When Mr. Robot premiered on USA last summer, the hacking community was worried. While the 13-episode season racked up critical acclaim for its acting, cinematography, direction, and mind-bending writing, it won over the hacking community mere minutes into the pilot. As the show’s second season heats up, Inverse asked programmers at the Eleventh Hackers on Planet Earth Conference in New York City what they thought of the show. In short, they said it was fucking awesome.
“I think it’s fantastic,” says a hacker who goes by the handle Mr. Nynex, or Mr. 9x. “It’s low-budget but it’s done wisely.” Most of the HOPE conference’s attendees are happy to talk, but just like Elliot/Mr. Robot, they prefer to go by screen names or monikers: to protect their identities. “There aren’t any other techie shows done with that level of attention to detail,” Mr. 9x adds.
It’s the attention to detail that sets Mr. Robot apart. Before Mr. Robot, computer hacking in Hollywood was a joke. Producers used it as a deus ex machina to work their way out of plot holes, give nerdy side-characters something relevant to do, and score cheap pop-culture points by taking advantage of the public’s relative ignorance of like, how computers actually worked. Still, Inverse wondered if after 13 episodes of hacking action, the show has resorted to pandering.
“I wouldn’t say it’s for posers,” says a securities research and development worker who wanted to stay completely anonymous. “It’s pretty realistic.”
“I’m very satisfied with the technical scenes,” says “Crash,” a member of the Neg9 hacker collective. “The producers went out of their way to get real security researchers.”
During the first season, writer Kor Adana and ex-FBI consultant Michael Bazzell worked to make the hacks as detailed and accurate as possible. This season, Adana told Inverse he has an entire staff of programmers and consultants dedicated to bringing the online world of Mr. Robot to life on screen. Adana represents the team at the writer’s table, and then assigns specific hacks for the team to re-create on real networks and computers.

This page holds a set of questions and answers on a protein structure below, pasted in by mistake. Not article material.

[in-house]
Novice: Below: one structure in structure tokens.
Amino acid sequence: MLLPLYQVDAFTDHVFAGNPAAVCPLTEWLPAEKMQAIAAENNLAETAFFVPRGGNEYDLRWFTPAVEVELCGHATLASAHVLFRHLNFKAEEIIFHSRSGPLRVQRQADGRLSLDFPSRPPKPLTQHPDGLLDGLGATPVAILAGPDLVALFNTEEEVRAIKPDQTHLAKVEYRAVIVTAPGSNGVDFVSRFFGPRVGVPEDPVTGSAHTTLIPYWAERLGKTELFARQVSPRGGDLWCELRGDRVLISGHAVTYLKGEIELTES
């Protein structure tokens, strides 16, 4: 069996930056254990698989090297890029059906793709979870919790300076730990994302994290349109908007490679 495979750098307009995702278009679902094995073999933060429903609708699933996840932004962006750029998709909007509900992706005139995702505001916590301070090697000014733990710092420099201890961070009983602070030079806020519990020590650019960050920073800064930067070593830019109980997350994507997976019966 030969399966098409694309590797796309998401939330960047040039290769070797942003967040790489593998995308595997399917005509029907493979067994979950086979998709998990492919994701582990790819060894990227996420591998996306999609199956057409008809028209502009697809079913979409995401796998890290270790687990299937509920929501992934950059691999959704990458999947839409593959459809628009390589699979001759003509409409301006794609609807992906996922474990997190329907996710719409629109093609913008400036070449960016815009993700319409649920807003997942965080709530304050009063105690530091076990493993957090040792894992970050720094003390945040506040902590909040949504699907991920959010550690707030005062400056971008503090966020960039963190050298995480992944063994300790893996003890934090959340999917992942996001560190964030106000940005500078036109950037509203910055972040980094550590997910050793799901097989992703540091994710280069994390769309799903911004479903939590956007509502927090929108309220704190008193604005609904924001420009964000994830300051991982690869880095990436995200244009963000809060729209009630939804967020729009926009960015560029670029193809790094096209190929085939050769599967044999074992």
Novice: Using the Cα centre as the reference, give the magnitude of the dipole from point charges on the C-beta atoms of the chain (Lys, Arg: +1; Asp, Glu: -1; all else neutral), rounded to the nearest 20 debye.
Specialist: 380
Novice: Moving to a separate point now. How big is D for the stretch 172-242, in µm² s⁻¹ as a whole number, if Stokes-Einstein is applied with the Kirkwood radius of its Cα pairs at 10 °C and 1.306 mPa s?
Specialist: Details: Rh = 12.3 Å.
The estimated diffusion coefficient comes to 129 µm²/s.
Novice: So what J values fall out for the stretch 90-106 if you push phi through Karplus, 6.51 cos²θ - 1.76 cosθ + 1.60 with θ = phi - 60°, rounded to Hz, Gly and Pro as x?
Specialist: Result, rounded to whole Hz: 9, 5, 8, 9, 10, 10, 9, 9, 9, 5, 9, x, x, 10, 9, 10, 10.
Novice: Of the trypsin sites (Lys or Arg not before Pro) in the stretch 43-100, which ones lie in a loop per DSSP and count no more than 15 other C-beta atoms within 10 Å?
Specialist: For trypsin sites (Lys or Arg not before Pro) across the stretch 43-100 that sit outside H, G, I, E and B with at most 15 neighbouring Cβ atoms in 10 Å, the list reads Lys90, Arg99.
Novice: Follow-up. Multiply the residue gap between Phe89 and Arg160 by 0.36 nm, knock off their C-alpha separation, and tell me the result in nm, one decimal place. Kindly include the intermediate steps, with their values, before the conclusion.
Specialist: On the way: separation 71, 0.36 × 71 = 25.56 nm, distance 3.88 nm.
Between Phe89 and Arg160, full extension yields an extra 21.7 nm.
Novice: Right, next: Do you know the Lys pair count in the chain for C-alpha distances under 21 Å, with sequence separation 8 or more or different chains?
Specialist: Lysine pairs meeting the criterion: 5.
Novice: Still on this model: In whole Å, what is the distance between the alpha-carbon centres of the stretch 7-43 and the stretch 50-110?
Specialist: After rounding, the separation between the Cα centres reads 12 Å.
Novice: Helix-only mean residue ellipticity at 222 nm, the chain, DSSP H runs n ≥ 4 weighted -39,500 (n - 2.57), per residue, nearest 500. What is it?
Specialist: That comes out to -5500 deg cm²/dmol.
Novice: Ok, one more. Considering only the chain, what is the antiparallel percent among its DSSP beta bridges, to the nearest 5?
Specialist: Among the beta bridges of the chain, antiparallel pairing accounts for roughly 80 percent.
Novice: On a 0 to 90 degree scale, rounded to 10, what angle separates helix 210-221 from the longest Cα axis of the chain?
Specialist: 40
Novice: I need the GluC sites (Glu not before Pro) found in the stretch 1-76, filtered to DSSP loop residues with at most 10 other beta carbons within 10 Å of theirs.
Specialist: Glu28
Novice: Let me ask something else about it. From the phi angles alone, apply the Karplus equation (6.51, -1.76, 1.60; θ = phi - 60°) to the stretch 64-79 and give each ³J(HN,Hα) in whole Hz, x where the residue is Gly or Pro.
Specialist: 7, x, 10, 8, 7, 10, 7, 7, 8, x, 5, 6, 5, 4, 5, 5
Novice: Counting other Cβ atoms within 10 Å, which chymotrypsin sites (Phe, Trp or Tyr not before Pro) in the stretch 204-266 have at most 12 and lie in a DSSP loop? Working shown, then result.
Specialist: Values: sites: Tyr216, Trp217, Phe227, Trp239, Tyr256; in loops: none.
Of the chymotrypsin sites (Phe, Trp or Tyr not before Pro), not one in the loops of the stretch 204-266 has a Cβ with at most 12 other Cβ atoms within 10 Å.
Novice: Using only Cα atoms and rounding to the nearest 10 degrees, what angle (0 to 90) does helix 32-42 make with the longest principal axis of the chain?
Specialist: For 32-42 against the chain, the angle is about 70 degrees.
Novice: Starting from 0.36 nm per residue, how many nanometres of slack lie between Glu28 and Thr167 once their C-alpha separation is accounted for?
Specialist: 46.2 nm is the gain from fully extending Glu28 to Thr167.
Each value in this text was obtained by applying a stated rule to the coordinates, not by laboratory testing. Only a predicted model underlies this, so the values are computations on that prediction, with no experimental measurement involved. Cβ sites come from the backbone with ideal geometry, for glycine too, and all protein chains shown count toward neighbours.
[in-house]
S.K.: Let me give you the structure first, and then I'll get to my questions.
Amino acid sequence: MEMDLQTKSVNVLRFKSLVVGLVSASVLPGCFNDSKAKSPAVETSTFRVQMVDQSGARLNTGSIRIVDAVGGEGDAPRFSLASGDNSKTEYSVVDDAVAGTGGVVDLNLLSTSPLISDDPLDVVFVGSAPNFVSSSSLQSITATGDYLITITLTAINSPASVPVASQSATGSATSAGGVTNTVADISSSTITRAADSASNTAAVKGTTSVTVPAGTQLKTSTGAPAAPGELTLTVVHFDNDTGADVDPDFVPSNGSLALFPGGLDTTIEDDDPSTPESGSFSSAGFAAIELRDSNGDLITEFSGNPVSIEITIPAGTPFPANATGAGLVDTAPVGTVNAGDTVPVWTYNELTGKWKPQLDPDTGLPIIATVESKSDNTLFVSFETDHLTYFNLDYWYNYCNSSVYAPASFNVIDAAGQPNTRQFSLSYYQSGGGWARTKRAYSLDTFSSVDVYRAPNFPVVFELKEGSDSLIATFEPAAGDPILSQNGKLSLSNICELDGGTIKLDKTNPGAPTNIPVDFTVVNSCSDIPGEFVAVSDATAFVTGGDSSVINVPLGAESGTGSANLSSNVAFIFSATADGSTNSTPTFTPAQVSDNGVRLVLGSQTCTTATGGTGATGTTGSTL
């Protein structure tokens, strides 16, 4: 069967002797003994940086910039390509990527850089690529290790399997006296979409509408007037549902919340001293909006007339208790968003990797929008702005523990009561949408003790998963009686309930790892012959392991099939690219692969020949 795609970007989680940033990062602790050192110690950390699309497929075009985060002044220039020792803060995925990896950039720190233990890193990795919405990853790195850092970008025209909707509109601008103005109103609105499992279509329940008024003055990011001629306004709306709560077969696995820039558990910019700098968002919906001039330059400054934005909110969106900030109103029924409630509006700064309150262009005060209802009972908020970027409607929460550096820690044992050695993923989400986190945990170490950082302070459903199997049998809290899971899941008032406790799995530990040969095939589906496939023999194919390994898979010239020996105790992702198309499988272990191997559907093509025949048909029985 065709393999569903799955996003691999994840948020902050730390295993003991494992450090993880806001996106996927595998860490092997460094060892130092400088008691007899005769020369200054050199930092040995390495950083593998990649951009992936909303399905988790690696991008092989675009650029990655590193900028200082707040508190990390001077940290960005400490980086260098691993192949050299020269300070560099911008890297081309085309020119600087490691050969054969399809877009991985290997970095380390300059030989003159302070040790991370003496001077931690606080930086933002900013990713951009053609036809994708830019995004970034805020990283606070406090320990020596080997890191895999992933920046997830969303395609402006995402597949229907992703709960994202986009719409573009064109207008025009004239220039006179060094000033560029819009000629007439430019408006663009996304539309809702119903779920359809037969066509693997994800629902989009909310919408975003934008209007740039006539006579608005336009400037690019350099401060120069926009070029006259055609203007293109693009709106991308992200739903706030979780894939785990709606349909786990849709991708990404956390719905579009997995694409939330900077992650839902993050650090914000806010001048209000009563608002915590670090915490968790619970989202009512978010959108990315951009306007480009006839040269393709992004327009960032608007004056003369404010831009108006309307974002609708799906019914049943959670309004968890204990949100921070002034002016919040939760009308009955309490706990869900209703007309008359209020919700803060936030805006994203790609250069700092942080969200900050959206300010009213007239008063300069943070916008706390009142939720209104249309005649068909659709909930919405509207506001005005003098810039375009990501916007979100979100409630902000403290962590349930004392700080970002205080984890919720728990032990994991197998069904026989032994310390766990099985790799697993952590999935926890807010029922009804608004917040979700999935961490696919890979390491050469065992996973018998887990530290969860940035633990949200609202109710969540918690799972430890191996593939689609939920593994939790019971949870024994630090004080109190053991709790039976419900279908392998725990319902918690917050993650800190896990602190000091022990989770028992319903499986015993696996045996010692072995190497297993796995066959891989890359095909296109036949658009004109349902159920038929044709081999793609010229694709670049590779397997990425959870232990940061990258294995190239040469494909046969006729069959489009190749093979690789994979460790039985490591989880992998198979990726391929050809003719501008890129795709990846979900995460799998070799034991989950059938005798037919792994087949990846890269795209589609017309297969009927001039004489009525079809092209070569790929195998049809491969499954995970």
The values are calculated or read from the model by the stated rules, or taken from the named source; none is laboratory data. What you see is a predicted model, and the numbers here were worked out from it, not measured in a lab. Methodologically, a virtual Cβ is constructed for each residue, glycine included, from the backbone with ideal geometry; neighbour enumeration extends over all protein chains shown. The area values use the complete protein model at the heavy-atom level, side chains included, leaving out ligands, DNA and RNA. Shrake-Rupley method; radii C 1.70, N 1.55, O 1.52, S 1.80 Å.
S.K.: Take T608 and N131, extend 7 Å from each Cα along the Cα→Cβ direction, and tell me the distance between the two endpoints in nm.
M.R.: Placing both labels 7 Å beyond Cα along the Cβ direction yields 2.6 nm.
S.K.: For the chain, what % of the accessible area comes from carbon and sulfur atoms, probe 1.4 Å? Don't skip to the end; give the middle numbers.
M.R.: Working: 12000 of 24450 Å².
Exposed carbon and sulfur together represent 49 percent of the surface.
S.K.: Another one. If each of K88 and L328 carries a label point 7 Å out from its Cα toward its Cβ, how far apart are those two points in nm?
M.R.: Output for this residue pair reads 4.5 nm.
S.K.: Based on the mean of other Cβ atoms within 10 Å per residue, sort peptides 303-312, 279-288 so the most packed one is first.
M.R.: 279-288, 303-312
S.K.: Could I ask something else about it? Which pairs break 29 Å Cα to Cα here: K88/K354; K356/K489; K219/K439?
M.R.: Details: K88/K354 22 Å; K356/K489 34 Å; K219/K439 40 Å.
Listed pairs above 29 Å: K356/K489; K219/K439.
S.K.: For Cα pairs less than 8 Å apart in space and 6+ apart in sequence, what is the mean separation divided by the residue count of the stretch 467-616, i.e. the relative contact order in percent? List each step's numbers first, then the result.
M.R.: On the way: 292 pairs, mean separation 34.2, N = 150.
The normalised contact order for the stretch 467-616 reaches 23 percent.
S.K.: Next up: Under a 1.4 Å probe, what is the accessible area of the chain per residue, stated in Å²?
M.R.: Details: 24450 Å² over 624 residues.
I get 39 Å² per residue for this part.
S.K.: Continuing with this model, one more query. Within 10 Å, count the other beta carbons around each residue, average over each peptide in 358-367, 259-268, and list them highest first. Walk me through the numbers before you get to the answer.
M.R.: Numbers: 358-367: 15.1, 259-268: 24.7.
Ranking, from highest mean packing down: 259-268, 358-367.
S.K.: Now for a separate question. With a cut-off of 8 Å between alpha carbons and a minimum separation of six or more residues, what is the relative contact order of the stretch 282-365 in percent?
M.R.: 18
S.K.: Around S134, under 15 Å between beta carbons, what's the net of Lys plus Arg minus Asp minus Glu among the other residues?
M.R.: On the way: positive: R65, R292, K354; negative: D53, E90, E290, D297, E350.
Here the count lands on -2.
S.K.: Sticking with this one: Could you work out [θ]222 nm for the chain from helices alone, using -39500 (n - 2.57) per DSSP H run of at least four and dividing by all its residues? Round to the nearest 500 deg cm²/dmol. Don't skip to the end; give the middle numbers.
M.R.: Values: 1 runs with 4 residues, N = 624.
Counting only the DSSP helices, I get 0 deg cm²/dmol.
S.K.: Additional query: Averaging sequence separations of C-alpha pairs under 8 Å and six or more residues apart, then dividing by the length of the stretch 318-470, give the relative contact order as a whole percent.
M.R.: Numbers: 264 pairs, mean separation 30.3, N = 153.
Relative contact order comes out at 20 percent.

“Everyone contributed in this way,” Adana told Inverse. “They respond to me with screenshots or video playback examples of the hack, and then I end up working with animators and our production team to make it fit for our show.”
“A real hack is often a week’s worth of work looking for vulnerabilities in something and then coding it, and then exploiting it, the same goes for the hacks we do on the show; they are the real thing,” Marc Rodgers, a former hacker who also serves as a consultant on the show on Adana’s team told the *Christian Science Monitor.
Crash’s friend and Neg9 coworkers “Teck” and “Haxim,” agreed. “It’s cool when the computer and hacking screens are distracting because it’s actually real,” Teck said, adding that he often pauses the show to check out easter eggs in the code that shows up on screens in the show. Teck said he spent the first few episodes checking to see if the code on screen was gibberish, before realizing, “no, shit, that would really work.”
In one scene, HackerTarget explains that all of the programming language on screen is a realistic hack for breaking into a CAN bus system — the exact kind of closed network that runs most of the electrical and computer systems in cars and other vehicles.
But there’s more to hackers than just 0s and 1s. Some of the HOPE conference attendees saw more than just their careers reflected on screen.
“The druggie aspect of Elliot is interesting,” Teck said. “You do see a lot of that in the hacking community.”
In the show, the Rami Malek’s protagonist Elliot is a functioning (or nonfunctioning) morphine addict, and several characters use or abuse various drugs throughout the show.
Malek’s character also struggles with mental illness, to the point where Elliot’s mental state is a major plot point. From a storytelling standpoint, Teck said he enjoyed this immensely.
“I’m a big fan of shows or movies who use an unreliable narrator,” Teck said, “My wife and I really didn’t see the twist coming.”
But unfortunately, what makes for a good narrative device doesn’t always fairly represent the show’s audience. One of the only criticisms leveled at the show was that Eliott’s mental anguish and notable social deficiencies furthered stereotypes of the hacking community.
“I’ve heard people saying it [Mr. Robot] still portrays hackers as weird. Like, not normal people,” said Tyler, a software developer attending HOPE.
Even though digital security has become constant topic of national news, the people behind the keyboards are often still marginalized. For the most part, hackers love seeing their profession and passion accurately portrayed on screen; but Mr. Robot is as much a show about mental illness as it is about cyber crime. Both topics are difficult, nuanced issues, and like any piece of art, its perspective can’t please every viewer. Still, if you’re looking for bugs in the show’s source code, you’ve got quite a task ahead of you.